Wednesday 5 February 2020


I'm back!

Yes, after months of silence I've finally returned to the blogging fold.  I mean, I've not been completely silent, as anyone who follows my Twitter feed will know, and I've been continuing to churn out my usual nonsense at the Coronation Street Blog.  And some kind souls dropped a couple of quid in my Ko-Fi, even though I was providing no content at all (though now that I think about it that may have been a subtle hint).  But I haven't had the chance to go out on the trains, for the simple reason that it's all been a bit mad at home.  I have spent the past three months having endless stilted conversations with workmen, trying to be jolly while being totally terrified, sitting in a room while they act all working class elsewhere in the house.  For someone with major social anxieties it's not been fun.  (Also, and I cannot stress this enough, when it comes to workmen, porn lies).

I finally managed to carve out a single day on the trains to myself, even though this week is also extremely hectic.  Heading to the Midlands seemed like a bit too much - I still needed to get back to deal with a plasterer that afternoon - so instead I went somewhere that wasn't even open last time I went out on the rails: Warrington West.

Opened on the 15th December, Warrington West is the newest addition to the Northern map.  It's two platforms on the Liverpool-Manchester line, and at track level it's pretty standard: grey lift towers, steps, shiny new tarmac beneath your feet.  It already felt well used.  I was one of half a dozen passengers to get off the train, and there were people on the platform waiting for the faster service behind it.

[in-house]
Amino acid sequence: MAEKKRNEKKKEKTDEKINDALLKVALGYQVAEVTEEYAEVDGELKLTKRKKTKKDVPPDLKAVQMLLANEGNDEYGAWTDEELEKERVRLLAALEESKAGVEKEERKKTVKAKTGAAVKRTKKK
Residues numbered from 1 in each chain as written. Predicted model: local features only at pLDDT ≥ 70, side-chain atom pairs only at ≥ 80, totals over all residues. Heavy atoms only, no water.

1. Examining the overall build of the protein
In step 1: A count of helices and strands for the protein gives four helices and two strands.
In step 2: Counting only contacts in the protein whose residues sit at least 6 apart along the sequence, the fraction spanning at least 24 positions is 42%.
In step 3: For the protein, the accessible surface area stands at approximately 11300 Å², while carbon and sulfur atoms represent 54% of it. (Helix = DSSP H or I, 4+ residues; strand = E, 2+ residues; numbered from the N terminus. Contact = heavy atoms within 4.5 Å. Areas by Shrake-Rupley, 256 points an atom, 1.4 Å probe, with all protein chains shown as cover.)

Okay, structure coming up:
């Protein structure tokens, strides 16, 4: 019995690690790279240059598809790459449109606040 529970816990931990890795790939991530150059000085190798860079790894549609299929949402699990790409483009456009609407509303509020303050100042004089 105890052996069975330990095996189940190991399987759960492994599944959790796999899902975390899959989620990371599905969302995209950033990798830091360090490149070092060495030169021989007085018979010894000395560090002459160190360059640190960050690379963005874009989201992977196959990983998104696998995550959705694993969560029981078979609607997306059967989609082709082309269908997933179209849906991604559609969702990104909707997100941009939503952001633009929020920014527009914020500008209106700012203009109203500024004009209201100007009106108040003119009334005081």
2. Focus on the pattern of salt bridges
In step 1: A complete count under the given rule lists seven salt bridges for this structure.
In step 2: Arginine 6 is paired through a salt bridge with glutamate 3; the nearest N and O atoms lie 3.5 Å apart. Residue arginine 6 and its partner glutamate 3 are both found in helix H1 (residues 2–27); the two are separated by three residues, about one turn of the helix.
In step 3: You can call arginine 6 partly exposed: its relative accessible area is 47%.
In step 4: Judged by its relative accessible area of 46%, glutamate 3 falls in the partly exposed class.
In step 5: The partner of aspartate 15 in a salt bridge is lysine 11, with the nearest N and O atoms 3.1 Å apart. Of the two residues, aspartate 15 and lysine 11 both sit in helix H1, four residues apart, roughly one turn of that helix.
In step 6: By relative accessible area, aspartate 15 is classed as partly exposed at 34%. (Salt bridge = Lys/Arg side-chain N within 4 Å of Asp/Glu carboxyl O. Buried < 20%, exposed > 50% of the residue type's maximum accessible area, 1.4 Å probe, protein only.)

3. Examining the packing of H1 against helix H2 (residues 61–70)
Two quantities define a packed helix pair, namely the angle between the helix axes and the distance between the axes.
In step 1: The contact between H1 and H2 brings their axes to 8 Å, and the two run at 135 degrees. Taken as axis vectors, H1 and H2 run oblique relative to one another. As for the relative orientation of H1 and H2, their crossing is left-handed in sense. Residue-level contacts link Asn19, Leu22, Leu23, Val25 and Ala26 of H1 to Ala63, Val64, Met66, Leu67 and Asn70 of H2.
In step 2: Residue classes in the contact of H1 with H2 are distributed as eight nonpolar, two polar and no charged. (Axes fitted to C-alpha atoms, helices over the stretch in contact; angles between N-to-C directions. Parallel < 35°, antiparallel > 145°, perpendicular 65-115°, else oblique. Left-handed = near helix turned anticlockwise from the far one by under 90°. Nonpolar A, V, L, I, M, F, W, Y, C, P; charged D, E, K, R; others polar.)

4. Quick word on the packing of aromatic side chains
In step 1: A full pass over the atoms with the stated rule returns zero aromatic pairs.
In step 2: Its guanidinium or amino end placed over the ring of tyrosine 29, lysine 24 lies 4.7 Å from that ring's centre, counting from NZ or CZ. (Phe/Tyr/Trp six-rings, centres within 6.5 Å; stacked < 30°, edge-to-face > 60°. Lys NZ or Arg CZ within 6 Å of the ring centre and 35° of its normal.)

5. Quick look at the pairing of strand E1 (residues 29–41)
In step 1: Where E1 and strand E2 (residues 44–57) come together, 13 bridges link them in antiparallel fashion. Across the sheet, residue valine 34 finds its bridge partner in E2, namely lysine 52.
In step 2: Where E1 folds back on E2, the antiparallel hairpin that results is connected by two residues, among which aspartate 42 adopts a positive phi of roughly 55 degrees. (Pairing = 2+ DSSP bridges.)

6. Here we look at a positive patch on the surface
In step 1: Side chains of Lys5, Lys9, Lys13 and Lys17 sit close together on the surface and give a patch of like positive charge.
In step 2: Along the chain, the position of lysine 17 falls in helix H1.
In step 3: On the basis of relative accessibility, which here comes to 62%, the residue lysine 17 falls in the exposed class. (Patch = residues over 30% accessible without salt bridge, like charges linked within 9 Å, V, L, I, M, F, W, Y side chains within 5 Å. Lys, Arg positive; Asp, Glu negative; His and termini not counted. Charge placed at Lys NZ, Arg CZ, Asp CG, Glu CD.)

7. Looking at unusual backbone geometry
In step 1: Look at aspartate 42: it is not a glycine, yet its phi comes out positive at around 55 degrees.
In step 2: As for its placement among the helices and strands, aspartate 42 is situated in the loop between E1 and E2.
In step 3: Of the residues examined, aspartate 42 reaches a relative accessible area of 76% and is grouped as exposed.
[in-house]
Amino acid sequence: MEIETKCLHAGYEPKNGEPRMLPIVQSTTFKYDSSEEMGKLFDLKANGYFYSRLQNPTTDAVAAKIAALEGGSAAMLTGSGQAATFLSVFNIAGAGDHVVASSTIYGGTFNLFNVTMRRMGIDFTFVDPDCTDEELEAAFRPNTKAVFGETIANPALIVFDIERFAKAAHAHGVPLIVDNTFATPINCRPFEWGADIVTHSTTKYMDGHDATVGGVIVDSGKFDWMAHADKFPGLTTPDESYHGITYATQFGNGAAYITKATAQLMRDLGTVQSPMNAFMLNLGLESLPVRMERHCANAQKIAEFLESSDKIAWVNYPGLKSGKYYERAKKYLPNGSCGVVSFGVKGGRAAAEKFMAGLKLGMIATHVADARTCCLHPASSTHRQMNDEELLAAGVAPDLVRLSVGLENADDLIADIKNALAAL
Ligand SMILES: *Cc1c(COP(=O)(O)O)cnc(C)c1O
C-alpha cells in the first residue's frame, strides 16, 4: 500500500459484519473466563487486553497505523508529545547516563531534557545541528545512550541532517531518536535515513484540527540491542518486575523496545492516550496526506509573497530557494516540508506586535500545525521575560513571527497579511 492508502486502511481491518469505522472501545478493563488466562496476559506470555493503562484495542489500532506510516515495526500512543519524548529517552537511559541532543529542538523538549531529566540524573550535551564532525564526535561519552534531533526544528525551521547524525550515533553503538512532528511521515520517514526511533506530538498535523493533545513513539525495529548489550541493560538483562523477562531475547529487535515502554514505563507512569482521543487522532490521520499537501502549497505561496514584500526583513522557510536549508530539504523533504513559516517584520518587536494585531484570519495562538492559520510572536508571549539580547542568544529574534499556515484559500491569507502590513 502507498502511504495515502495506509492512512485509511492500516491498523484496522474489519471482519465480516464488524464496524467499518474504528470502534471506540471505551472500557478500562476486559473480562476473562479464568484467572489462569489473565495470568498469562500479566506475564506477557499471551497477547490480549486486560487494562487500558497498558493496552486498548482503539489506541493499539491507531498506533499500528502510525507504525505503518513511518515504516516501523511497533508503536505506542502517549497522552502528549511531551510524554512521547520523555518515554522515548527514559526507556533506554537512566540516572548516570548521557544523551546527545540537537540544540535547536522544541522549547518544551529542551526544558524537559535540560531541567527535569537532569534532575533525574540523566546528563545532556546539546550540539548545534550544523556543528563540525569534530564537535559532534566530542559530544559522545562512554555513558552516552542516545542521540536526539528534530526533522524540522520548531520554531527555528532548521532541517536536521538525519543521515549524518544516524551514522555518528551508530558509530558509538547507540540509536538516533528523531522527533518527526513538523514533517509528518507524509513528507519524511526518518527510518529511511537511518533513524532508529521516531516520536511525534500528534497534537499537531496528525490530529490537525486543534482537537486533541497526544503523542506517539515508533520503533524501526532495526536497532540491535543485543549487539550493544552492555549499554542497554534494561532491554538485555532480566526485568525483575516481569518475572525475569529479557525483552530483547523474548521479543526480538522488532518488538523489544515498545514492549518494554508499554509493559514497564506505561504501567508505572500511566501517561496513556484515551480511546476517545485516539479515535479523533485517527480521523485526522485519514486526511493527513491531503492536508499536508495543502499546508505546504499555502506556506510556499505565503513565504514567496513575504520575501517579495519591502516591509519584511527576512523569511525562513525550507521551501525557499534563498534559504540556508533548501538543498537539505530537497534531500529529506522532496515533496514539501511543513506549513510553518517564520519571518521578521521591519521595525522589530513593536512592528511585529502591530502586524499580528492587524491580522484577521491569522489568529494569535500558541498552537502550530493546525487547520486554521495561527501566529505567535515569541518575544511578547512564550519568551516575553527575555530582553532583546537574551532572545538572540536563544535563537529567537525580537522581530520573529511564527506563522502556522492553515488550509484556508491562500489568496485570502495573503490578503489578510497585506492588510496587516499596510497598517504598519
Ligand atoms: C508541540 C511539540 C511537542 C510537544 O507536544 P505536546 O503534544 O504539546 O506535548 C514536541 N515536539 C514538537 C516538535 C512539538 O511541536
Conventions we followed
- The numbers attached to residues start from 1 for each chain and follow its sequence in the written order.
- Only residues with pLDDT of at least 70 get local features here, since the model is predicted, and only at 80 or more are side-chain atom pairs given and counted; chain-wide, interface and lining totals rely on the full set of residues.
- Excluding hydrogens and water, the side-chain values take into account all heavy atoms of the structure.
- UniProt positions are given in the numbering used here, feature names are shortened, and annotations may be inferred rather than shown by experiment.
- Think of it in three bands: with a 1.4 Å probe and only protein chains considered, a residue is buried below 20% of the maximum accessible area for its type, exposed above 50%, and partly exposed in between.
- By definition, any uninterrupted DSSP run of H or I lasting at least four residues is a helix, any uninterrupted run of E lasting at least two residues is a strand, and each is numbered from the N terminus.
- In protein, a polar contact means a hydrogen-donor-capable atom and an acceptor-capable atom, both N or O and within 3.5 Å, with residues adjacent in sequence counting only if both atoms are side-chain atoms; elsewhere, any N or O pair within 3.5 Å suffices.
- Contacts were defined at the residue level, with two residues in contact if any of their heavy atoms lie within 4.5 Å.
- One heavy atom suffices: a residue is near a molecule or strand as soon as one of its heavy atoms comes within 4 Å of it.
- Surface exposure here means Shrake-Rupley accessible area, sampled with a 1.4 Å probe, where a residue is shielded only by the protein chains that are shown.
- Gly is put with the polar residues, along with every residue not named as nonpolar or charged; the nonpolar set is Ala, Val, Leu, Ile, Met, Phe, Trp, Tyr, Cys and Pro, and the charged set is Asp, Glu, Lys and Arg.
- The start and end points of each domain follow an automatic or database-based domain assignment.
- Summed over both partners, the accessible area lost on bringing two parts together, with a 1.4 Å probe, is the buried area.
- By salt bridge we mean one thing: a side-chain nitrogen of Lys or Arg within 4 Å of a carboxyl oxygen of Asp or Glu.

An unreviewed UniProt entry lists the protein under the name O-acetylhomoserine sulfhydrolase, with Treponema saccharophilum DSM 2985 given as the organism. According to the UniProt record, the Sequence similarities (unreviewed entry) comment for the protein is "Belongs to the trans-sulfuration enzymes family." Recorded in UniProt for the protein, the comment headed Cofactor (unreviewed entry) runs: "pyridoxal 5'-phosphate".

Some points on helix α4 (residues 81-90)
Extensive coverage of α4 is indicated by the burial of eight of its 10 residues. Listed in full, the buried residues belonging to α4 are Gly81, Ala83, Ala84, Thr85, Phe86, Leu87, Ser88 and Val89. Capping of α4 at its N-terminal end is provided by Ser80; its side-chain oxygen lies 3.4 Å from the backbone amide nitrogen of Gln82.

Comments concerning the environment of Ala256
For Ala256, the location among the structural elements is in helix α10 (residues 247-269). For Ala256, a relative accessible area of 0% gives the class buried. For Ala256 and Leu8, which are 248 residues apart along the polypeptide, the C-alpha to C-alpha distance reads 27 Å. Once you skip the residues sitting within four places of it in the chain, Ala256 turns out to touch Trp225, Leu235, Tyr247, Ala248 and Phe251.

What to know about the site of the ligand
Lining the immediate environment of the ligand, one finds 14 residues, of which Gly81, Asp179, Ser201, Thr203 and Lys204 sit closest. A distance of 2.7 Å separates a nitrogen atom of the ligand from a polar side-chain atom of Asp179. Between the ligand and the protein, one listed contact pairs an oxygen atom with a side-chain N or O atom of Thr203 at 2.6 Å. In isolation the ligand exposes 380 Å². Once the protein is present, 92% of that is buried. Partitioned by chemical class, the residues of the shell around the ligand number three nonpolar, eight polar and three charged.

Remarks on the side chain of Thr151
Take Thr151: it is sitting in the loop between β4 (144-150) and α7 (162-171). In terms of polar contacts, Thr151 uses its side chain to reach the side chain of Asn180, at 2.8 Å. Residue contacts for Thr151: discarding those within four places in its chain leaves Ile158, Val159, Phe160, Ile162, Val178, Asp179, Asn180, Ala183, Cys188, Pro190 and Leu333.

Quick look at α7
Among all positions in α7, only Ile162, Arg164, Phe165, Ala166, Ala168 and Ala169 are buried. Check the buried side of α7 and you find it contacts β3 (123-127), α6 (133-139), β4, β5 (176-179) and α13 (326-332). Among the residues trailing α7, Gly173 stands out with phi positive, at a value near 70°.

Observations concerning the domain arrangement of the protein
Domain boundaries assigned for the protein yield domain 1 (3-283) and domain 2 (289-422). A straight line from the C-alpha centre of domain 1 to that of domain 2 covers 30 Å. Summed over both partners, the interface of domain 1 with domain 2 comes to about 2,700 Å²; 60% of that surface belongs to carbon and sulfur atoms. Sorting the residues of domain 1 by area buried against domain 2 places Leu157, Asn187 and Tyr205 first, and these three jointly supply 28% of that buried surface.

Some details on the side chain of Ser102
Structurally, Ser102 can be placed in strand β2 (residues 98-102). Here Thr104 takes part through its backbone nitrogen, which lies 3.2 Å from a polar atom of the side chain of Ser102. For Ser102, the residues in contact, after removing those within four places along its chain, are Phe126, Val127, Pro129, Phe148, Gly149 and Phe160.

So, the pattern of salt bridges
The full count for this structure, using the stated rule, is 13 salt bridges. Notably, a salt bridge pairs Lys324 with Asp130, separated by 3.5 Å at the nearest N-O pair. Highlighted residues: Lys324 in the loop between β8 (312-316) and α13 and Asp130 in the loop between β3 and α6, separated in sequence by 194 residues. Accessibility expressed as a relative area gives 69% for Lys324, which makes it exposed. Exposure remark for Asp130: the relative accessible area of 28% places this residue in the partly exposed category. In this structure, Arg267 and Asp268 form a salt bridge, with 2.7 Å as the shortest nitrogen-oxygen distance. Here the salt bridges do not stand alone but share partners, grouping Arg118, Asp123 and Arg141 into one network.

Up above there's a ticket office, which was a pleasant surprise.  A lot of new stations are built without them, a machine on the platform taking up the slack, but this had a proper building and everything.  As to the building itself... erm.

I'm glad they went for something different.  I'm glad it's not one of those off the shelf Network Rail designs that look like they arrived on the back of a truck.  I'm not sure I actually like it, though.  I'm guessing the curved roof is meant to evoke the hangers of Burtonwood airbase, the largest American air base during World War II which was nearby, but it's not especially pleasant.  Inside it's cold and empty, too much space for too few facilities - barely a bench - and then you're out the other side and...

Let's be glad it got built at all, shall we?  Let's be glad that there was an investment in rail.  Let's focus on the positives.  Like my mug under a station sign.

Admit it: you missed me.

Across the way was the real reason the station was built - an extensive car park.  Warrington West is less than a mile from Sankey for Penketh station, a halt that's existed since 1874 but has the misfortune to have been left behind by geography.  When Sankey opened it was serving a few small villages in Lancashire and that was fine; Warrington was a town several miles distant.  Time and urban creep brought it closer and closer, but Sankey was still on a back road without much in the way of facilities.  Warrington West, on the other hand, is smack bang in the middle of the new suburb of Chapelford, with a handy bus to the massive Omega development beside the M62 - a series of distribution centres the size of a space station.

Sankey station is still there, but its services have been reduced to nothing; just two trains a day.  You need an actual Act of Parliament to close a railway station - an expensive and complicated procedure - so it's easier to leave it there and have the most token of services.  One day they'll finally shut it and Sankey's Grade II listed building will become a coffee shop or a private house.  For now it remains as a 19th century relic.

I headed away from the station and into Chapelford.  As a tribute to Burtonwood's status as a US Air Force base, the streets have all been named after places in America - Boston Boulevard, Chicago Place, Minnesota Drive.  The contrast of big American placenames with piddling little English houses was stark.  The worst example was this one: